Research Article

Severe hyperkalaemia and ketoacidosis during routine treatment with an insulin pump.

Br Med J (Clin Res Ed) 1985; 291 doi: https://doi.org/10.1136/bmj.291.6492.371 (Published 10 August 1985) Cite this as: Br Med J (Clin Res Ed) 1985;291:371
  1. G Knight,
  2. A M Jennings,
  3. A J Boulton,
  4. S Tomlinson,
  5. J D Ward

    Abstract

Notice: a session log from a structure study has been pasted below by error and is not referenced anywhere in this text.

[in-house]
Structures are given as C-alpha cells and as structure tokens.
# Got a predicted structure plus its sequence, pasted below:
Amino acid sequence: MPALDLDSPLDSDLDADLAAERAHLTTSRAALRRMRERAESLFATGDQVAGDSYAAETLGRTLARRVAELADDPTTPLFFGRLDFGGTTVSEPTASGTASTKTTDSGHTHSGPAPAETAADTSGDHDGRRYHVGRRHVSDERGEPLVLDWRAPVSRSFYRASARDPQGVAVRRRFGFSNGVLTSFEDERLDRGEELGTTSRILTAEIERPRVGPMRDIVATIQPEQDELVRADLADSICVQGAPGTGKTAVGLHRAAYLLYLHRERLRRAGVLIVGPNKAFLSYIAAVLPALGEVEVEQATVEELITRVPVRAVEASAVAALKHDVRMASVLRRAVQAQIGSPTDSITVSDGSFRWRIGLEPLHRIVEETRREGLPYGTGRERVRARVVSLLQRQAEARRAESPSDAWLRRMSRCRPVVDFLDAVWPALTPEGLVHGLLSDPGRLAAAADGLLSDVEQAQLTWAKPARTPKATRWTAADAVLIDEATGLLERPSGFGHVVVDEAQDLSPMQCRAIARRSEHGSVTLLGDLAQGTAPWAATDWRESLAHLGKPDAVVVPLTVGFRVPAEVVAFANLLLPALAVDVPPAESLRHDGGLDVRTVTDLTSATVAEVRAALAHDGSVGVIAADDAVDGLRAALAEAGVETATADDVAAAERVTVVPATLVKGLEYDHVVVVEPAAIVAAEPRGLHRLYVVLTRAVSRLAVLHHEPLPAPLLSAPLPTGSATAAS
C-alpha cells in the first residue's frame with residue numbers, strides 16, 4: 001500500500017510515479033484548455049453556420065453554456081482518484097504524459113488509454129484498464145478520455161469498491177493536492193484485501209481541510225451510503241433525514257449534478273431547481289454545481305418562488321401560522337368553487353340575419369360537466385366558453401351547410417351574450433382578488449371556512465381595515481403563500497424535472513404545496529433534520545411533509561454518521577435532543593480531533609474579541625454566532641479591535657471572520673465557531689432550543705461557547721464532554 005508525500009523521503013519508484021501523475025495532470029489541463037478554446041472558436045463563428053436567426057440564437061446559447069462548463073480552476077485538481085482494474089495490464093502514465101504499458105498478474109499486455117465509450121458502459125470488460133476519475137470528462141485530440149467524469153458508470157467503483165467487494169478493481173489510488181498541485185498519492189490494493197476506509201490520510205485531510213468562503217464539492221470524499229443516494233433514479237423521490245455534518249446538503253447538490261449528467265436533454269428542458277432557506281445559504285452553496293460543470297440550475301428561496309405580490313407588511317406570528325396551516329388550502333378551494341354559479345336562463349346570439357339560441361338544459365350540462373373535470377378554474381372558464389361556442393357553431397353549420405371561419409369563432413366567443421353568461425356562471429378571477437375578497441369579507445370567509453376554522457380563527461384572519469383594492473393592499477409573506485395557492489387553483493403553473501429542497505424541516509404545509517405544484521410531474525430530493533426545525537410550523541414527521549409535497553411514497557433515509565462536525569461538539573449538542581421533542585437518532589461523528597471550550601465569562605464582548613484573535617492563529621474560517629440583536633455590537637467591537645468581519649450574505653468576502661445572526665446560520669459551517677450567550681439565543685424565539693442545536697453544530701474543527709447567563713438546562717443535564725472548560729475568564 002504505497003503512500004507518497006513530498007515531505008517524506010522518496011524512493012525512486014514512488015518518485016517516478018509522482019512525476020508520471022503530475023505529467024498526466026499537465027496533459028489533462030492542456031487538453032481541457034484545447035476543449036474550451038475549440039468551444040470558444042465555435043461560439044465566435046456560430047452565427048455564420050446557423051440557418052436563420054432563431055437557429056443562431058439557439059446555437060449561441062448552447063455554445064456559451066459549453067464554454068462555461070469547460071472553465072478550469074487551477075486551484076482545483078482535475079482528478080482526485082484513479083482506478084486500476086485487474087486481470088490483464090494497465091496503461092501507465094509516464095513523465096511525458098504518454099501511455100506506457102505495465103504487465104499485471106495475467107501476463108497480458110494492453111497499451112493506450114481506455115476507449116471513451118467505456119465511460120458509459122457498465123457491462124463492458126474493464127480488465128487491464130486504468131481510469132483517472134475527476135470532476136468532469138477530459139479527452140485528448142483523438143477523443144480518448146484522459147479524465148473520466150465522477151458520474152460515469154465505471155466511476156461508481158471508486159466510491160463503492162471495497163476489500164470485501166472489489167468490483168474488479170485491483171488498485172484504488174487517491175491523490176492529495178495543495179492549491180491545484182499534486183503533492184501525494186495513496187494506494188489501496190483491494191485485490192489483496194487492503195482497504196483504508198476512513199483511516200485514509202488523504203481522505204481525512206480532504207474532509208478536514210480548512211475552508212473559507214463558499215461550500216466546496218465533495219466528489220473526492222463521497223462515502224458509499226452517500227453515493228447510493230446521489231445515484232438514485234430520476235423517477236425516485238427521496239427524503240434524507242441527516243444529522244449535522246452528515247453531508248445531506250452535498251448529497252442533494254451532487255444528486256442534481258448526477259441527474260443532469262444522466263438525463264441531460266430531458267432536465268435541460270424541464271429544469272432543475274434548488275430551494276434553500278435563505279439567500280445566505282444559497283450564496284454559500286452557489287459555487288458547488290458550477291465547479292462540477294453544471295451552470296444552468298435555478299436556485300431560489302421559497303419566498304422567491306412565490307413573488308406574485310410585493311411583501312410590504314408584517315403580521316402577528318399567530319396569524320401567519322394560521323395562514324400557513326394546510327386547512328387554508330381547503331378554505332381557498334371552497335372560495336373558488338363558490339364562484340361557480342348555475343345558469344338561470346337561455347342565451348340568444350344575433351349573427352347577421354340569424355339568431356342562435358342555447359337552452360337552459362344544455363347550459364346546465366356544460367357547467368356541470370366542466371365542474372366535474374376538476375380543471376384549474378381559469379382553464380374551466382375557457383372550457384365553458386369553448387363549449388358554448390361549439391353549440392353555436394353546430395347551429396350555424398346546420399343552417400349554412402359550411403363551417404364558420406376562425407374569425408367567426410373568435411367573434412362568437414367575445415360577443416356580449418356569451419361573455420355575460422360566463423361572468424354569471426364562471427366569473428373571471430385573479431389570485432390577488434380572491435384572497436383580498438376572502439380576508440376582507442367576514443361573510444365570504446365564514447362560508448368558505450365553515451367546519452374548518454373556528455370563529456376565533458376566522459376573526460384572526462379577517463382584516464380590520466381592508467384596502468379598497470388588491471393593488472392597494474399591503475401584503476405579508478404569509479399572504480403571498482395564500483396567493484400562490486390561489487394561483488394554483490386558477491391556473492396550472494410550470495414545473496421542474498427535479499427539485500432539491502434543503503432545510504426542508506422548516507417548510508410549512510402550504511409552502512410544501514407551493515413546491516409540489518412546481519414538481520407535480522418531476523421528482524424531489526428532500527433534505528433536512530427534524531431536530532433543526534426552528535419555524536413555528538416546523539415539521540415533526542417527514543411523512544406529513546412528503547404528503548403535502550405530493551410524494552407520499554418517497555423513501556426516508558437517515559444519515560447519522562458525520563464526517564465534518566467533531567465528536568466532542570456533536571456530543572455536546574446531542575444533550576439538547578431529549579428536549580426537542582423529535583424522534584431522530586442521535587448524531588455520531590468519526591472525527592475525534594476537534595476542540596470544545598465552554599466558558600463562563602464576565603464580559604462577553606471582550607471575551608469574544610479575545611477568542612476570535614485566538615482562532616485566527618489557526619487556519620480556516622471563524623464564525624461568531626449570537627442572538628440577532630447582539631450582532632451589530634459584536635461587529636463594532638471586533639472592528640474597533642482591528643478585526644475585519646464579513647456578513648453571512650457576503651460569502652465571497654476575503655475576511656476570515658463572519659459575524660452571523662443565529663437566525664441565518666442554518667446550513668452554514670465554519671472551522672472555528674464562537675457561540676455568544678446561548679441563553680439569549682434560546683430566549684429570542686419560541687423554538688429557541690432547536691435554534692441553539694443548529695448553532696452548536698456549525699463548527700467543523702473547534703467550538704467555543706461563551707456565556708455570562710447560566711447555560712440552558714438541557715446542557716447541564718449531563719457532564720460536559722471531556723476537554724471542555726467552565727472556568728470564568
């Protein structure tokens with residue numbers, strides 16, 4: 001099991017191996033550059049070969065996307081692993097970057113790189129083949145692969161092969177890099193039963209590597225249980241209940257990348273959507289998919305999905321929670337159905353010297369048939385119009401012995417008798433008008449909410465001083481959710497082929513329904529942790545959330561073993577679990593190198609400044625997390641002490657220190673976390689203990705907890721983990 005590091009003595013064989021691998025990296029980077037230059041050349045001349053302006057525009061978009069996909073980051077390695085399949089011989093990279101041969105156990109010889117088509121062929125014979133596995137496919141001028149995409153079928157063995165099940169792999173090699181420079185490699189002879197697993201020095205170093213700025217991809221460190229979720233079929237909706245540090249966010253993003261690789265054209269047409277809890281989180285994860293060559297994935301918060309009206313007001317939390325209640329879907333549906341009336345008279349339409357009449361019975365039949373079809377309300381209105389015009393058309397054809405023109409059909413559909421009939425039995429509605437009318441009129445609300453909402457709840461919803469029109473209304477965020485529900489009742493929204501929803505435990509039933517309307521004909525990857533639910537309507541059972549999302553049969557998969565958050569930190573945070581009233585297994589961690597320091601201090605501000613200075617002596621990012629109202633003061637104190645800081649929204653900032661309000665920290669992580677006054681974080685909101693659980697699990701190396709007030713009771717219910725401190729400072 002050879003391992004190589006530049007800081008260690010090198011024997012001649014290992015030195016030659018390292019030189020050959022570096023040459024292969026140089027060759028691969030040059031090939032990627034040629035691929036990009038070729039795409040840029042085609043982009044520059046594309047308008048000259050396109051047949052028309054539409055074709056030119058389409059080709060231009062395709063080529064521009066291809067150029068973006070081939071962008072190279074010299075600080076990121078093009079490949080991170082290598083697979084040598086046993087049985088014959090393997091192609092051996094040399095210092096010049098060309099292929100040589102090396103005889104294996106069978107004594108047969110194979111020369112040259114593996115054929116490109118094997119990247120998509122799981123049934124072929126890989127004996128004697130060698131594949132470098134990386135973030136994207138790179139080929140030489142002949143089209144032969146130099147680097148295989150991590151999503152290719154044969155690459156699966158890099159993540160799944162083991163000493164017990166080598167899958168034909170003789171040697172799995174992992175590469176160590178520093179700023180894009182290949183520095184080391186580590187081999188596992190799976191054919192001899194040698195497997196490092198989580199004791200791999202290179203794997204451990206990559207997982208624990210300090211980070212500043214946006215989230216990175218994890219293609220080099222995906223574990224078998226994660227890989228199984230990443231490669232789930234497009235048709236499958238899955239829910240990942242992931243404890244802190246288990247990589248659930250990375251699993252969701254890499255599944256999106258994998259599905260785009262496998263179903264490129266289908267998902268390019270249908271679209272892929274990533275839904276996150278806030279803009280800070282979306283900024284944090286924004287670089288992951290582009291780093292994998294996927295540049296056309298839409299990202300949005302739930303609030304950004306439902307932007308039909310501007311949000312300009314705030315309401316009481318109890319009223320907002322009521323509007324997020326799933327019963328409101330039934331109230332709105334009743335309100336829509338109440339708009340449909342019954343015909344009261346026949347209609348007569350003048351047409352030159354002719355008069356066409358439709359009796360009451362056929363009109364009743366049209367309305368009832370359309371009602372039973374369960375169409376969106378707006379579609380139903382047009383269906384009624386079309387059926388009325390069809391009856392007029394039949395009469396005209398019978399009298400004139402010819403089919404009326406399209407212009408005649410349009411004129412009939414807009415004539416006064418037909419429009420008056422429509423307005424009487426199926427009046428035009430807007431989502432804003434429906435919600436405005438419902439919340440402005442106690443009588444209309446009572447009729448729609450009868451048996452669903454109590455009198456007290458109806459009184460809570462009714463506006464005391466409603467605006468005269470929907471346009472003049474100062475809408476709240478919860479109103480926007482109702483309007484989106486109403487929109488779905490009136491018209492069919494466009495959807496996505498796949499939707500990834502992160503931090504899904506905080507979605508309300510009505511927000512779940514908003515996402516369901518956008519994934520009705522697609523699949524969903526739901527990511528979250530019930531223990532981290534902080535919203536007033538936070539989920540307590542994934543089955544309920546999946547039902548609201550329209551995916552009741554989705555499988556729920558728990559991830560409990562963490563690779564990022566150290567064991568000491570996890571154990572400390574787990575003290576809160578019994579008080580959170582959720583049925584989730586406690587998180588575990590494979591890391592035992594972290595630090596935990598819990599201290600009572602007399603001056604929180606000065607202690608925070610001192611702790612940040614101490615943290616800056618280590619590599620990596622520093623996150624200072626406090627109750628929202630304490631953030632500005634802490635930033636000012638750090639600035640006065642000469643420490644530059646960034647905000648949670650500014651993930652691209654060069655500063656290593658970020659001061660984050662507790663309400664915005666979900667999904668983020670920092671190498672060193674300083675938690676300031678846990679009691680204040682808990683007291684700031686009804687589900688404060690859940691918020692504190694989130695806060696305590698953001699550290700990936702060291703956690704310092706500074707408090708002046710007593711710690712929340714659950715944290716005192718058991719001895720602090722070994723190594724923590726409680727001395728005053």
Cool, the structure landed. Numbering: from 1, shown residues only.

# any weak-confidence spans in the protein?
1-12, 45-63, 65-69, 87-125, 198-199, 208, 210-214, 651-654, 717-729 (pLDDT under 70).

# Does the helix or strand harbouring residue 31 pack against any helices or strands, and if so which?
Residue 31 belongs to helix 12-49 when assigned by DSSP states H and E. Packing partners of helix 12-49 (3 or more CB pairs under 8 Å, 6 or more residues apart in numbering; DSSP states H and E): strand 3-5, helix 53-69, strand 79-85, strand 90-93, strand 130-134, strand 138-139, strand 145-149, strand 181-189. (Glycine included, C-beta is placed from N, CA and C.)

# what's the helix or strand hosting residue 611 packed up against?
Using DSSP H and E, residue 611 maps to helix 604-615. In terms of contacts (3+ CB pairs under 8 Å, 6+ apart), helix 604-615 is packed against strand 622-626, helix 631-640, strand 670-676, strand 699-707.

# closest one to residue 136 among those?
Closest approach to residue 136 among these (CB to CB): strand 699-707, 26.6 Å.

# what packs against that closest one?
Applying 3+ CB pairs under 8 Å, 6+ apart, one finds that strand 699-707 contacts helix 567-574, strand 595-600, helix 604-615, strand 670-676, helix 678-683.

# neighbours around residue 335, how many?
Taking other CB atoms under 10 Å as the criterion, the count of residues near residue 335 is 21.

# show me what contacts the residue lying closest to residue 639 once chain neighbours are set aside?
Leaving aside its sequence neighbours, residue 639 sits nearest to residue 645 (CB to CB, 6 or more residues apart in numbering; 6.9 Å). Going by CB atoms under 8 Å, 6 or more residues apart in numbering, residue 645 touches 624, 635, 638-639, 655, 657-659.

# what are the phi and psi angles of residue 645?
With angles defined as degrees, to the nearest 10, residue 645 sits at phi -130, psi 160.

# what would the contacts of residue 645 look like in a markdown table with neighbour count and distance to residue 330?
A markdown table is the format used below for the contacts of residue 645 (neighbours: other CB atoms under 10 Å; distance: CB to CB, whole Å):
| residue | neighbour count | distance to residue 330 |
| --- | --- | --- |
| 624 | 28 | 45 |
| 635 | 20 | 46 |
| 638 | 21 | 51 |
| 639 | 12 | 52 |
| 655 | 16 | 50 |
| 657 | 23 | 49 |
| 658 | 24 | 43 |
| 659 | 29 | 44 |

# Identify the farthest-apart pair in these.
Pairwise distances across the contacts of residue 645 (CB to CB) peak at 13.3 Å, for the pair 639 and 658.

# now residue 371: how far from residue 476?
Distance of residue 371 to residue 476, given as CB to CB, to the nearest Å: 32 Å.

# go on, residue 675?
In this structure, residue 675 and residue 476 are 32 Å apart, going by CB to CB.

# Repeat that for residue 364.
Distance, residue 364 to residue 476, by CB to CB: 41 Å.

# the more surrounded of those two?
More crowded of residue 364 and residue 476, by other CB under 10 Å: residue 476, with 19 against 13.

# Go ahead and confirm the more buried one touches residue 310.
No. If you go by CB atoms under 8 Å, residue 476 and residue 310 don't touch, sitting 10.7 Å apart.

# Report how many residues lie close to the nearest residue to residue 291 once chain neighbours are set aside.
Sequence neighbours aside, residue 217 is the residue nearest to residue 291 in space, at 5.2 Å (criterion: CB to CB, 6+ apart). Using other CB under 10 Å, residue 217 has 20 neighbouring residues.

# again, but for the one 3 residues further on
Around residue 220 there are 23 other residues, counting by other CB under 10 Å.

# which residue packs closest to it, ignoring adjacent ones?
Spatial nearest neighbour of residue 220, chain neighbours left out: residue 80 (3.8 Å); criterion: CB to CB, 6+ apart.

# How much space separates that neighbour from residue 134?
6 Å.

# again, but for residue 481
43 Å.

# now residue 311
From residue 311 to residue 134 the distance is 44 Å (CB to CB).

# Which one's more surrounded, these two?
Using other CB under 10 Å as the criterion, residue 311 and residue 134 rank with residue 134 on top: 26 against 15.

During a feasibility study of the use of insulin pumps to treat diabetes ketoacidosis occurred at a rate of 0.14 episodes/patient/year in the first year but was lower in subsequent years. A case of cardiac arrest secondary to hyperkalaemia during ketoacidosis occurred in a patient treated with a pump. The mean (SD) serum potassium concentration on presentation to hospital with ketoacidosis was significantly higher in patients treated with a pump (5.7 (1.1) mmol(mEq)/l) than those treated with conventional injections of insulin (4.9(0.9) mmol/l; p less than 0.01). The high rate of ketoacidosis and raised serum potassium concentrations during treatment with the pump creates doubt about the use of this treatment as an alternative regimen for large numbers of patients in a busy diabetic clinic.